After doing the post on Batti riders, boycotts and murder music, I thought about some of the homosexual males and females, I have encountered, know and or have decided to come forward about their sexual choices. I realized that there is more that I don’t know than even begin to know and will prompt me to try and figure out in days to come. We need as much information as possible, in order to start the healing of our culture and our people.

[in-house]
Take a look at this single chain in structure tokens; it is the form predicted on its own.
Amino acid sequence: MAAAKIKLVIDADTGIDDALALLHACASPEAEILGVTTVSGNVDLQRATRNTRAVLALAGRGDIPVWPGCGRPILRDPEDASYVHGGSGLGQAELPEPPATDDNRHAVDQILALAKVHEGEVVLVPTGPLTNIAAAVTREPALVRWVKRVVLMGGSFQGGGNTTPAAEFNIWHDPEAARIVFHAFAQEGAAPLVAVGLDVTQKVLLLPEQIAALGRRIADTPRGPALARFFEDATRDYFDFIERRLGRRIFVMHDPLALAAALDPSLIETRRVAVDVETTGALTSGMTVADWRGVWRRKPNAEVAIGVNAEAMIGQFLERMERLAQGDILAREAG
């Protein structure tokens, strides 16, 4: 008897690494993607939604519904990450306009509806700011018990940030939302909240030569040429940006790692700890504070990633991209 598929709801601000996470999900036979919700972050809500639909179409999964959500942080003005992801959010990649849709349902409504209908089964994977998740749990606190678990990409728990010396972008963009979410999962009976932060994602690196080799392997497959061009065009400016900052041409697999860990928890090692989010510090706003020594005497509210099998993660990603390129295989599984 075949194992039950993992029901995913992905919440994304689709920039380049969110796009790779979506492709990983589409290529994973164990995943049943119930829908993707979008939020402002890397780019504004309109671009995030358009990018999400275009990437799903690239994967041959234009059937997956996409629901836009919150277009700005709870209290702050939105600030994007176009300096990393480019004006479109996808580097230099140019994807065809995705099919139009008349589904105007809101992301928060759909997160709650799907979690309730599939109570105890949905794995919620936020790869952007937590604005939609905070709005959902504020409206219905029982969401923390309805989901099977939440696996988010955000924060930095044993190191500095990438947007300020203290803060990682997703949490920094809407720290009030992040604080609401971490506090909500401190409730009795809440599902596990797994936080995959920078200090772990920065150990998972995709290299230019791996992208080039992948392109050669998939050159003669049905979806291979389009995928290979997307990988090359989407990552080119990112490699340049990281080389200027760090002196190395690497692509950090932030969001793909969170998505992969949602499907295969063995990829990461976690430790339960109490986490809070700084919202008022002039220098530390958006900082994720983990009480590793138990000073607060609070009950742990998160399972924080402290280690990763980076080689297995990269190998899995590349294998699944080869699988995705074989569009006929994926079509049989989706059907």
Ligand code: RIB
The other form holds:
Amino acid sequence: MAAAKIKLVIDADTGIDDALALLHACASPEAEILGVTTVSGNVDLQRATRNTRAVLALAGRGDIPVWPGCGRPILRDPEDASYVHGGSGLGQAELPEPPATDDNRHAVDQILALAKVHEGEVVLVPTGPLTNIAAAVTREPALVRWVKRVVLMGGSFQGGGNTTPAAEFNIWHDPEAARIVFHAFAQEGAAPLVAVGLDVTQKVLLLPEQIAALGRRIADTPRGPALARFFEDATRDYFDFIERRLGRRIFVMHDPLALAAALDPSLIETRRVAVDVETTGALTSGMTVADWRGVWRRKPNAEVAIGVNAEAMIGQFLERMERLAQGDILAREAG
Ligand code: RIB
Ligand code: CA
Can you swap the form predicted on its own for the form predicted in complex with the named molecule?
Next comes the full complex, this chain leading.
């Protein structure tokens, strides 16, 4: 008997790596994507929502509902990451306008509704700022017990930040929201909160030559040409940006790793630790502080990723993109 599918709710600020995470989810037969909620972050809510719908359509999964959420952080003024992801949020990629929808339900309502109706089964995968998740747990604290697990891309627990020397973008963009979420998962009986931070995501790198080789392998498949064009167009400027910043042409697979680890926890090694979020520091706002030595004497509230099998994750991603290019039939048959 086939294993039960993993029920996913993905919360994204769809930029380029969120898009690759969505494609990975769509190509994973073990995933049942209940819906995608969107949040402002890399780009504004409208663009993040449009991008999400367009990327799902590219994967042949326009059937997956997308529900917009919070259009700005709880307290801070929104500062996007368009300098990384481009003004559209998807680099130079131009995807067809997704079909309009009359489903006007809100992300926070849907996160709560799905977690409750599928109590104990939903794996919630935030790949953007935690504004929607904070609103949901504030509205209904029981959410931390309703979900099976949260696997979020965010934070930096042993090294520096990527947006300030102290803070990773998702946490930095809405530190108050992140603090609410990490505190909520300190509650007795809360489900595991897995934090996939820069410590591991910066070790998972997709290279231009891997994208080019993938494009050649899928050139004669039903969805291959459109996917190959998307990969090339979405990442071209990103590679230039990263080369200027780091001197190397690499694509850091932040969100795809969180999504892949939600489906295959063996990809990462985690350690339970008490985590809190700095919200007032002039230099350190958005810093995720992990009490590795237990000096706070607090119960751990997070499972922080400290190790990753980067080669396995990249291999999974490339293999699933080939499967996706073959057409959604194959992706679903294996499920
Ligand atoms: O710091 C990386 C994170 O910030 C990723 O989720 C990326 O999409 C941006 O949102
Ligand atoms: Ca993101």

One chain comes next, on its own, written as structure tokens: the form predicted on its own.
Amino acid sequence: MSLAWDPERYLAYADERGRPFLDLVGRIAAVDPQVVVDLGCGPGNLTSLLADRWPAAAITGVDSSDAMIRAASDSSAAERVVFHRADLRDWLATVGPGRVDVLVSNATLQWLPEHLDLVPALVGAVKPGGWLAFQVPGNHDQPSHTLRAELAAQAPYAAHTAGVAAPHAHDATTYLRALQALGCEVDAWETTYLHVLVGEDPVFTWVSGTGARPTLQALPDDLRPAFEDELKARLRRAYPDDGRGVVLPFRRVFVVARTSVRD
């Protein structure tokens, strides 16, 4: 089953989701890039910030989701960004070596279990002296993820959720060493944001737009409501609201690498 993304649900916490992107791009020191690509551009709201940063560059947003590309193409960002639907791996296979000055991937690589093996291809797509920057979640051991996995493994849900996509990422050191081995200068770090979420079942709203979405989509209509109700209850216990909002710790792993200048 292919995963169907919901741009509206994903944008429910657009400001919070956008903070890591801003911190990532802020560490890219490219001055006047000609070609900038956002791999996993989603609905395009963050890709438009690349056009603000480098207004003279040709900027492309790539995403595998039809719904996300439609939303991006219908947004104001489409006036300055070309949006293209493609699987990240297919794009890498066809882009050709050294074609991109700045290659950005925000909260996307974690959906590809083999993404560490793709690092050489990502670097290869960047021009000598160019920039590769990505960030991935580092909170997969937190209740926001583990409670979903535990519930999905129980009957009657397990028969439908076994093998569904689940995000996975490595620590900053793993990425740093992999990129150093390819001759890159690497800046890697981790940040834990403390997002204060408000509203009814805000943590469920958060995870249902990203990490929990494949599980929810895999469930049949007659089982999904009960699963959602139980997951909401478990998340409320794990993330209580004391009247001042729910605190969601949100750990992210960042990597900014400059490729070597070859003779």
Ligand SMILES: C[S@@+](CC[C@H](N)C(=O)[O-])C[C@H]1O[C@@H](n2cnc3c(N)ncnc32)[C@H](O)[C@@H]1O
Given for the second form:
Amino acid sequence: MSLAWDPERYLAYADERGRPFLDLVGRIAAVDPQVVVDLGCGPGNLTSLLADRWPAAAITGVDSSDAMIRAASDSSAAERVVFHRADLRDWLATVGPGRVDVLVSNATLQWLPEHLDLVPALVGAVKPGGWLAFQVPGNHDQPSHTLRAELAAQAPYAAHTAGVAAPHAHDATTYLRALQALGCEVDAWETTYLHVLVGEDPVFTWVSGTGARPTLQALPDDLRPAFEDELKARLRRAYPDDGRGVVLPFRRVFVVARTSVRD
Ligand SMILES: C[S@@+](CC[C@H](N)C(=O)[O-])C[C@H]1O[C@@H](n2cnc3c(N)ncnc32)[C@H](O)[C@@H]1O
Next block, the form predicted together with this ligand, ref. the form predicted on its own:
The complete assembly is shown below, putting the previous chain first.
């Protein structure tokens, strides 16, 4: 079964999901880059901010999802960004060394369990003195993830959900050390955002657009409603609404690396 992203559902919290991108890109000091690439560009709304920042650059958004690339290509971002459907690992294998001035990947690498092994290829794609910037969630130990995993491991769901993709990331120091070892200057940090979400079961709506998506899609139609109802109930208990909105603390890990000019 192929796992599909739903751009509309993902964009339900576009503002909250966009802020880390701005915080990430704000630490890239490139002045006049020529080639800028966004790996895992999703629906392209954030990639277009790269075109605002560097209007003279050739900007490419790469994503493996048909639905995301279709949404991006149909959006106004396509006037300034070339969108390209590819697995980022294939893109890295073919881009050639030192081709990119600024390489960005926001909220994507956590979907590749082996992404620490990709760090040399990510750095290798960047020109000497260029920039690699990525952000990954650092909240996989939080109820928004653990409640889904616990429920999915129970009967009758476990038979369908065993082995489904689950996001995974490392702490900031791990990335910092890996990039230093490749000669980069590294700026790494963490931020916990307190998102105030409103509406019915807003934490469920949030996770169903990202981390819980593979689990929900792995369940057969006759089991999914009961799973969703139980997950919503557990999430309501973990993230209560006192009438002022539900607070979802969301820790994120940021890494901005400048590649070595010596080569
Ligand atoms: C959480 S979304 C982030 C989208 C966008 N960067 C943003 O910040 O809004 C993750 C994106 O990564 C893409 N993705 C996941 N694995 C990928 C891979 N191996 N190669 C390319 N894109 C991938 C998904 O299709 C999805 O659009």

Below is an article that came out awhile back, it is quite interesting and speaks to many of the problems in Jamaica today. Before the anti-Jamaicans come on here spewing their crap, make sure the shit in your house is sanitized.
Male Sexual Abuse and Jamaica
Published Mar 30, 2005